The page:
This IS the Revolution, (Part 1).

Usually I avoid our capital city, I always leave feeling like I’ve been taking speed or crack or some other sensory stimulant.  It takes me a few days to recover cold turkey.  The inevitable down after the high.  London is a fraught city, the underground/overground tube network leaves me dizzy as I am blown and spun in the ether from all the tense fraught inhabitants.  I feel like the leaves caught in the autumn blow.

London frames insignificance and loneliness around its people, like portraits in a gallery that only become interesting after years of extinction.  I experience this the most here like nowhere else on the planet.  The faces stare through me, unhappy, stressed, ambition-less beaten up faces, blue and purple from the cold, hungry, heartless streets.  I smile deliberately at these cockney specimens, I want to offer them my heart, offer them something that will remove the chill from my bones.  I am not comforted, nor am I bothered. I am not welcome, nor am I unwelcome.  I am not accepted, nor am I unaccepted.  I am not important, nor am I unimportant and so I squeeze myself somewhere  into the middle of this indifferent urban belligerence, in the same way I squeeze myself into this overcrowded overground tube.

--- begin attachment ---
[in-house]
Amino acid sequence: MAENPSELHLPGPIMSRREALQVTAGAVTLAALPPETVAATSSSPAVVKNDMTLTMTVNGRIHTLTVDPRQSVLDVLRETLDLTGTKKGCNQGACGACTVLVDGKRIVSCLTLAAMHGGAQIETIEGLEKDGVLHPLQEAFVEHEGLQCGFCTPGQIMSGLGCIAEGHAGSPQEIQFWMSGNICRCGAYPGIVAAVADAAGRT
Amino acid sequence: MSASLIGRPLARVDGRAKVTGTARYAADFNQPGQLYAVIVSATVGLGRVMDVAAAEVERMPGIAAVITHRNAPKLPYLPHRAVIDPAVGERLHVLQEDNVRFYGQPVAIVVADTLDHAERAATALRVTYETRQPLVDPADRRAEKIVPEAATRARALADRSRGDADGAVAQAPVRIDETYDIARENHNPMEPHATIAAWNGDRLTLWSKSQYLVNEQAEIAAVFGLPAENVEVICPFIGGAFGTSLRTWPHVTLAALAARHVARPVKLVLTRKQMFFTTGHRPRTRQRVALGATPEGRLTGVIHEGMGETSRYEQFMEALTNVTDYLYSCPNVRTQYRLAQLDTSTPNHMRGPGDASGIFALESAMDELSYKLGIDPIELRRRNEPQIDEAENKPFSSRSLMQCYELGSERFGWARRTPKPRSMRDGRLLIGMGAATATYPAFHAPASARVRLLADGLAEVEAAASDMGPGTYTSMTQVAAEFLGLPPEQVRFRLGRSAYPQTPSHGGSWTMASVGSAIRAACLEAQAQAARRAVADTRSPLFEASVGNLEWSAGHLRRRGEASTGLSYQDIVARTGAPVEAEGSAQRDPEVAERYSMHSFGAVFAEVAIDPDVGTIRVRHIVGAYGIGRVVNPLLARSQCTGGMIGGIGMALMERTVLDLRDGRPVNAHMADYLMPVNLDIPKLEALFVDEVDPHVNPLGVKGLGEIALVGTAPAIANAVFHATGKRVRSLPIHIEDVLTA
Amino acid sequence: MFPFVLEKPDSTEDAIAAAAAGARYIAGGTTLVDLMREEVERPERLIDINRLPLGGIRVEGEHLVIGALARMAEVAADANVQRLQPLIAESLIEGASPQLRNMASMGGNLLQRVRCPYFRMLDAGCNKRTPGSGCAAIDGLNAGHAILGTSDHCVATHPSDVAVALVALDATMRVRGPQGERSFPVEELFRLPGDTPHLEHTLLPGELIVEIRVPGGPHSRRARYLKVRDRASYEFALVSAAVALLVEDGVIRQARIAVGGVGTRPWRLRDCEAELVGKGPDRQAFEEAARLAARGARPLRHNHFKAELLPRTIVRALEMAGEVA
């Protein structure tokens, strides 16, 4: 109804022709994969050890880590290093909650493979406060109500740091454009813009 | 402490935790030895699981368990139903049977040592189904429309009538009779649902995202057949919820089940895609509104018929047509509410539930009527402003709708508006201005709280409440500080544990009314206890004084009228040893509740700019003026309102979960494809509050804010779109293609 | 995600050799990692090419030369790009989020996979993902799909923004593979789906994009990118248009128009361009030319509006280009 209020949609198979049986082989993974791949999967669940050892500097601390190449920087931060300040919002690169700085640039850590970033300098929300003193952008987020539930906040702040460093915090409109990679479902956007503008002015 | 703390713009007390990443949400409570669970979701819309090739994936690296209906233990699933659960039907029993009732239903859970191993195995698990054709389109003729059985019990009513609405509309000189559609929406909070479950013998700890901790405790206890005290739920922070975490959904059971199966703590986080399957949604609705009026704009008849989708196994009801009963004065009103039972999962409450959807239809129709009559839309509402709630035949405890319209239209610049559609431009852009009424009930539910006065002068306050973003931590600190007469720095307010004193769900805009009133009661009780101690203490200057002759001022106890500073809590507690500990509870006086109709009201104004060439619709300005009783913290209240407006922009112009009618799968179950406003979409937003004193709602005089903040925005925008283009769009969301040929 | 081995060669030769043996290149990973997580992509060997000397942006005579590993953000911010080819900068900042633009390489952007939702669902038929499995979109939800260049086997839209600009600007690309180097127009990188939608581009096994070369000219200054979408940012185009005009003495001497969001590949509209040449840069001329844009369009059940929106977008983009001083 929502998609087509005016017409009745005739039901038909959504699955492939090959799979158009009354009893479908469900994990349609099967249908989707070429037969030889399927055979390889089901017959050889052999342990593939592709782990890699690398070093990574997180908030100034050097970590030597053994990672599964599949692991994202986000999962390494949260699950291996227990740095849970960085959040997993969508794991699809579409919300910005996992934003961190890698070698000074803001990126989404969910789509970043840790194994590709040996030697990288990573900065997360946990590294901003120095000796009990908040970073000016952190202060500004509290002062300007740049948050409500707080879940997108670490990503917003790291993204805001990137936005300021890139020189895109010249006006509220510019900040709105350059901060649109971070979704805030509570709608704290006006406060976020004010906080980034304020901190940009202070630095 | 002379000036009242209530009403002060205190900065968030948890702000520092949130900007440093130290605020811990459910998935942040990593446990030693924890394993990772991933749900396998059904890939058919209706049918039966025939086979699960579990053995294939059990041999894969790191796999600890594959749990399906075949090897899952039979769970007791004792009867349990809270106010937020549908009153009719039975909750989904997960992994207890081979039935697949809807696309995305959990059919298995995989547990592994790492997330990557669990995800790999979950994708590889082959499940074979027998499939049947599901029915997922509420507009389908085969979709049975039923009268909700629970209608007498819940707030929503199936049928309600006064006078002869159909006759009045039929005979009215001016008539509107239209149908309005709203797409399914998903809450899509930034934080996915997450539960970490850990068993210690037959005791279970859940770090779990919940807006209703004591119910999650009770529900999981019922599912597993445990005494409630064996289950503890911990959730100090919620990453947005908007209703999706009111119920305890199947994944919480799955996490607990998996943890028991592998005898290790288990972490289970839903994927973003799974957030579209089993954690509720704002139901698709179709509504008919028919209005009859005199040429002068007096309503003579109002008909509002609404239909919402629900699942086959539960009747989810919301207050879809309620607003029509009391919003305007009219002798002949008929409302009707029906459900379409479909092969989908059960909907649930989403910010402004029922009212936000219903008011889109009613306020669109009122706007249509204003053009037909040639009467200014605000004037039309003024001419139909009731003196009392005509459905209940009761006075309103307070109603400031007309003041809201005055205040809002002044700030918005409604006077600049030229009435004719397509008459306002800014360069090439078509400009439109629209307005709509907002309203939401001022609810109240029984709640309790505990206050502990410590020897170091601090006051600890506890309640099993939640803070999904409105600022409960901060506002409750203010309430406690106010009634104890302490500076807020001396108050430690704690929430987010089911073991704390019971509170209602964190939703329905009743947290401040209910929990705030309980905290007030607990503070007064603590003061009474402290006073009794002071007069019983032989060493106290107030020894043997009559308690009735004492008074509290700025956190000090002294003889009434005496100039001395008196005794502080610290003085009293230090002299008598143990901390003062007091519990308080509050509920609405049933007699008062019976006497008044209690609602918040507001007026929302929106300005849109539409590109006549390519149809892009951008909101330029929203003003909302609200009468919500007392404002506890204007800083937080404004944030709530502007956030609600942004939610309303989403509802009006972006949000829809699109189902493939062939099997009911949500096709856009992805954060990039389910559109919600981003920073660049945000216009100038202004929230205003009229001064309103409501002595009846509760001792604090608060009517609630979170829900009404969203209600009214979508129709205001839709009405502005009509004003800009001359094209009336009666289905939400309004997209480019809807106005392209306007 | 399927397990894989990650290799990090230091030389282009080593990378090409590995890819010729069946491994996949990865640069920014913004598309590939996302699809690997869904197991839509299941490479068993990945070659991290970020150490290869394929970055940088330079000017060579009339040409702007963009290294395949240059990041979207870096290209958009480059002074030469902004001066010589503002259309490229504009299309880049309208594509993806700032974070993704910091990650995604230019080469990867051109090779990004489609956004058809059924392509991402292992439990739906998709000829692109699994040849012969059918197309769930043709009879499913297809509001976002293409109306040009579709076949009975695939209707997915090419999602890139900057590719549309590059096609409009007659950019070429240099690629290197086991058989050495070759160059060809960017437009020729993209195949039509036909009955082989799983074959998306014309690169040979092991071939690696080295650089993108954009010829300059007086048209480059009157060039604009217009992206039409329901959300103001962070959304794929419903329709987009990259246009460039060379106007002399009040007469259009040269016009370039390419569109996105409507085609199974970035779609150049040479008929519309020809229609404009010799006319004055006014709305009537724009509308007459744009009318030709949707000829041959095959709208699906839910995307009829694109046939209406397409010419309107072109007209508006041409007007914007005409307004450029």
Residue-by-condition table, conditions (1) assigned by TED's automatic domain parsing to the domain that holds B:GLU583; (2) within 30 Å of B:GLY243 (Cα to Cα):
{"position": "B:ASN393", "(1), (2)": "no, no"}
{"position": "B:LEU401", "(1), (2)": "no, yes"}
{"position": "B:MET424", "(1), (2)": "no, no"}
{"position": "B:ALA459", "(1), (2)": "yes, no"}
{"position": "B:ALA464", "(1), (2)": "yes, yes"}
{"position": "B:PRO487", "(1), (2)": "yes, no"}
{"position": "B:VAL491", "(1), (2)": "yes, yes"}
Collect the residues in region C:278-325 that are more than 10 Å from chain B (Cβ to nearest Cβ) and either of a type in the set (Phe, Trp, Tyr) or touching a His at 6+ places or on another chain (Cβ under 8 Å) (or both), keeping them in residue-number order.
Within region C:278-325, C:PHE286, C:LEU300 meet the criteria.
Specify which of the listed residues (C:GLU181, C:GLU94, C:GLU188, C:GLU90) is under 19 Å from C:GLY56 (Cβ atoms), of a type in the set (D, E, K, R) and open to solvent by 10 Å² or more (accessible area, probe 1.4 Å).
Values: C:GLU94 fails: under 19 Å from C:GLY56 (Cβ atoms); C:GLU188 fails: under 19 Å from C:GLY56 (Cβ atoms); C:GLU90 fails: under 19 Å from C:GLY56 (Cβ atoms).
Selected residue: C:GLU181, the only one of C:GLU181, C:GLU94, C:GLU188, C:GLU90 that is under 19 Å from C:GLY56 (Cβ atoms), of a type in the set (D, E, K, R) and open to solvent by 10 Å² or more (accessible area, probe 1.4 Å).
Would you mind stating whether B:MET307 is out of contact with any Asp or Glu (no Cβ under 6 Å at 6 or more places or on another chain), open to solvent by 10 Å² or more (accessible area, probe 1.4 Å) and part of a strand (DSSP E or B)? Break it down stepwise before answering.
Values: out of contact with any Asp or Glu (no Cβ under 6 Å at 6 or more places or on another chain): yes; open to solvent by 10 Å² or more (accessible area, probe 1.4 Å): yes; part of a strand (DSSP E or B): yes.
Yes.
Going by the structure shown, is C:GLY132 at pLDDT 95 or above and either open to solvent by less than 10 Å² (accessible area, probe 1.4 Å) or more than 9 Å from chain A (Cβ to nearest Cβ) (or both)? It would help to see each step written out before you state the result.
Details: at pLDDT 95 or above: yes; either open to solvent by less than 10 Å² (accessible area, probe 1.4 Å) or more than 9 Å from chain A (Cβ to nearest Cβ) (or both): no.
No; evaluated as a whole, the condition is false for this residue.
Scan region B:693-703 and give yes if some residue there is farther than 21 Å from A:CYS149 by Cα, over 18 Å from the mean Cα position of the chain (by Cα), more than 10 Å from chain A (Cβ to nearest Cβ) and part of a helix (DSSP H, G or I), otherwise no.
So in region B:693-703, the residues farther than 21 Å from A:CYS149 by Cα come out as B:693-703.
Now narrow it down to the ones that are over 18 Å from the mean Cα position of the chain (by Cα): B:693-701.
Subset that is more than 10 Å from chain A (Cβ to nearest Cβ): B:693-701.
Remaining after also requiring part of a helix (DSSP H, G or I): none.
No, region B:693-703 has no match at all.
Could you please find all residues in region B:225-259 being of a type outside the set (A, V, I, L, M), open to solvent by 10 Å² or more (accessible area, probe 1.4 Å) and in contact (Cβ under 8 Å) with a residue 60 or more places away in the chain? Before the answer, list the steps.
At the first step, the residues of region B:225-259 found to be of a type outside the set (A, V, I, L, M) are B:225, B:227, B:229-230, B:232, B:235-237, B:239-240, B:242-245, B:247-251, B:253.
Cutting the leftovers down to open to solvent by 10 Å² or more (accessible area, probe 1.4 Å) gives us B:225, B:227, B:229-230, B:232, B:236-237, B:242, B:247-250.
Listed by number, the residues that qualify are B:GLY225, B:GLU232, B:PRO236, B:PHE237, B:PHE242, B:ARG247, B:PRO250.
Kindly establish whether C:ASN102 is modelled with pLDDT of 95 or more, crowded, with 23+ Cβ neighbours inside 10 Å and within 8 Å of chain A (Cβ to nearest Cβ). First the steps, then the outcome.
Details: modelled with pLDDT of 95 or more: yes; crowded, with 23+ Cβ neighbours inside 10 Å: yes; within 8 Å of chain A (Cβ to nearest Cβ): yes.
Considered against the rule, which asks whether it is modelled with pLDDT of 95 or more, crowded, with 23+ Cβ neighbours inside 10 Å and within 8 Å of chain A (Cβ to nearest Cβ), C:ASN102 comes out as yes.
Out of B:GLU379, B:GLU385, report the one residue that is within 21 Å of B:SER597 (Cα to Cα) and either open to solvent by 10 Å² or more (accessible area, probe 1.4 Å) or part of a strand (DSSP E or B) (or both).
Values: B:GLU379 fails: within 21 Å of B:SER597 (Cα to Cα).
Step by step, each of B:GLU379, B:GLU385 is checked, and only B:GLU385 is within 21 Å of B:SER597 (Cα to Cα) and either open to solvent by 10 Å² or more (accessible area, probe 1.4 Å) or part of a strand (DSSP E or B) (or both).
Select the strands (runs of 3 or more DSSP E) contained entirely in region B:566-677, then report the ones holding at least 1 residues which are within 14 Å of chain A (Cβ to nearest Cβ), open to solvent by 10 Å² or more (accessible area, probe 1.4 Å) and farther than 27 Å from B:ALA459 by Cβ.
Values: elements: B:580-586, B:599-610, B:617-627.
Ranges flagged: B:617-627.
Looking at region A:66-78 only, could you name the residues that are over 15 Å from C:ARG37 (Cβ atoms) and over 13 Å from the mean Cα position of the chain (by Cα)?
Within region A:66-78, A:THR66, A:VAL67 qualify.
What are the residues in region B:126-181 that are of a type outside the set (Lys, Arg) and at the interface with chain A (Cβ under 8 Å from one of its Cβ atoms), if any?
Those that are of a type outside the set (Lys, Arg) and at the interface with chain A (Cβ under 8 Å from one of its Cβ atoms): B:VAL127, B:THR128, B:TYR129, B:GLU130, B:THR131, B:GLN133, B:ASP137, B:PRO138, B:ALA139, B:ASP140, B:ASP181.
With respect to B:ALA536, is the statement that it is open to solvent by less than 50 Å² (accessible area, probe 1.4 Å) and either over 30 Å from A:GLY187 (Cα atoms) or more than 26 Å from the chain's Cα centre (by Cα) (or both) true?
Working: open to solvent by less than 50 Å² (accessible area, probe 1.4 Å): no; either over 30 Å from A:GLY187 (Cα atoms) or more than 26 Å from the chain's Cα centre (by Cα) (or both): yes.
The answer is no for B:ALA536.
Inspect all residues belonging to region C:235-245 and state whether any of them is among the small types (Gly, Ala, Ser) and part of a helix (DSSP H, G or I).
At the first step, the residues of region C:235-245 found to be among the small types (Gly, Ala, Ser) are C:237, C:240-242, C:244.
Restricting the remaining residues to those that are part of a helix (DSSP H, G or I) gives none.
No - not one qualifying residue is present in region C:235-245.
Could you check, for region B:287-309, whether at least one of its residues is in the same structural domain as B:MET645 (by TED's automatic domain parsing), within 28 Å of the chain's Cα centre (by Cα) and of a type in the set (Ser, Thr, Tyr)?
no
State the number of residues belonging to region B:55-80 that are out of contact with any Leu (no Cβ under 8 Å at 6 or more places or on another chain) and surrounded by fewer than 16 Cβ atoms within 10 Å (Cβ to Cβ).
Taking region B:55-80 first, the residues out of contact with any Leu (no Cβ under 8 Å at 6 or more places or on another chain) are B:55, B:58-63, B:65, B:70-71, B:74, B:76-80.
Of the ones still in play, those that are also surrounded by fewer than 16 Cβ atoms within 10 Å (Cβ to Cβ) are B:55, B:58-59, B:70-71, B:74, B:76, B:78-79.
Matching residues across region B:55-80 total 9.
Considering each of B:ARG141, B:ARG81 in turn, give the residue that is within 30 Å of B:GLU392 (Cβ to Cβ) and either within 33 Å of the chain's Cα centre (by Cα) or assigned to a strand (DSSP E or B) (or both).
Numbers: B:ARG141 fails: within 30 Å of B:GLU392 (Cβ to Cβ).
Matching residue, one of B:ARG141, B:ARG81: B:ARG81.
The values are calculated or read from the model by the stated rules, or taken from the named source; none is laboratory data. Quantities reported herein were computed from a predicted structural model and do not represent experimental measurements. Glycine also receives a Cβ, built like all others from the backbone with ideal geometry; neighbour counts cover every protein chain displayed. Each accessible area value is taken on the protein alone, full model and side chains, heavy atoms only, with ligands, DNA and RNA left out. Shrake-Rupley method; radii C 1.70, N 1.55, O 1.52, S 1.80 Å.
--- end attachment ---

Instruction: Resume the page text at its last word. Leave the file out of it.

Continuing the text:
I sense the passive hostility, not because I am white, or black, or some other misunderstood ethnic minority, but simply because I am there breathing the same air, occupying space where they could be sitting or walking or texting or interacting with their chosen gadget.  Ah! The sin of technology, legitimising social ignorance, desensitizing human beings from themselves and other human beings.

I am a nuisance when my general bemused confusion on the London underground causes the delay of somebody else’s journey by 0.0001 of a second.  I hate you London.  I hate you and I love you, but I hate you more than I love you and I only love you because I pity you and I only hate you because there are so many tube stops that I don’t understand.

I am wrong.  I know I am wrong.  I am down on my knees at the Holy Altar of wrong.  London must have a heart, mustn’t it?   I have simply been hanging out in all the wrong places, Kings Cross, St. Pancreas, Highbury and Islington, Angel…then I find a place, a real place and now I know how Paddington Bear must have felt when he found his marmalade sandwiches.

Hoxton;  this IS where it began.

This IS the revolution.


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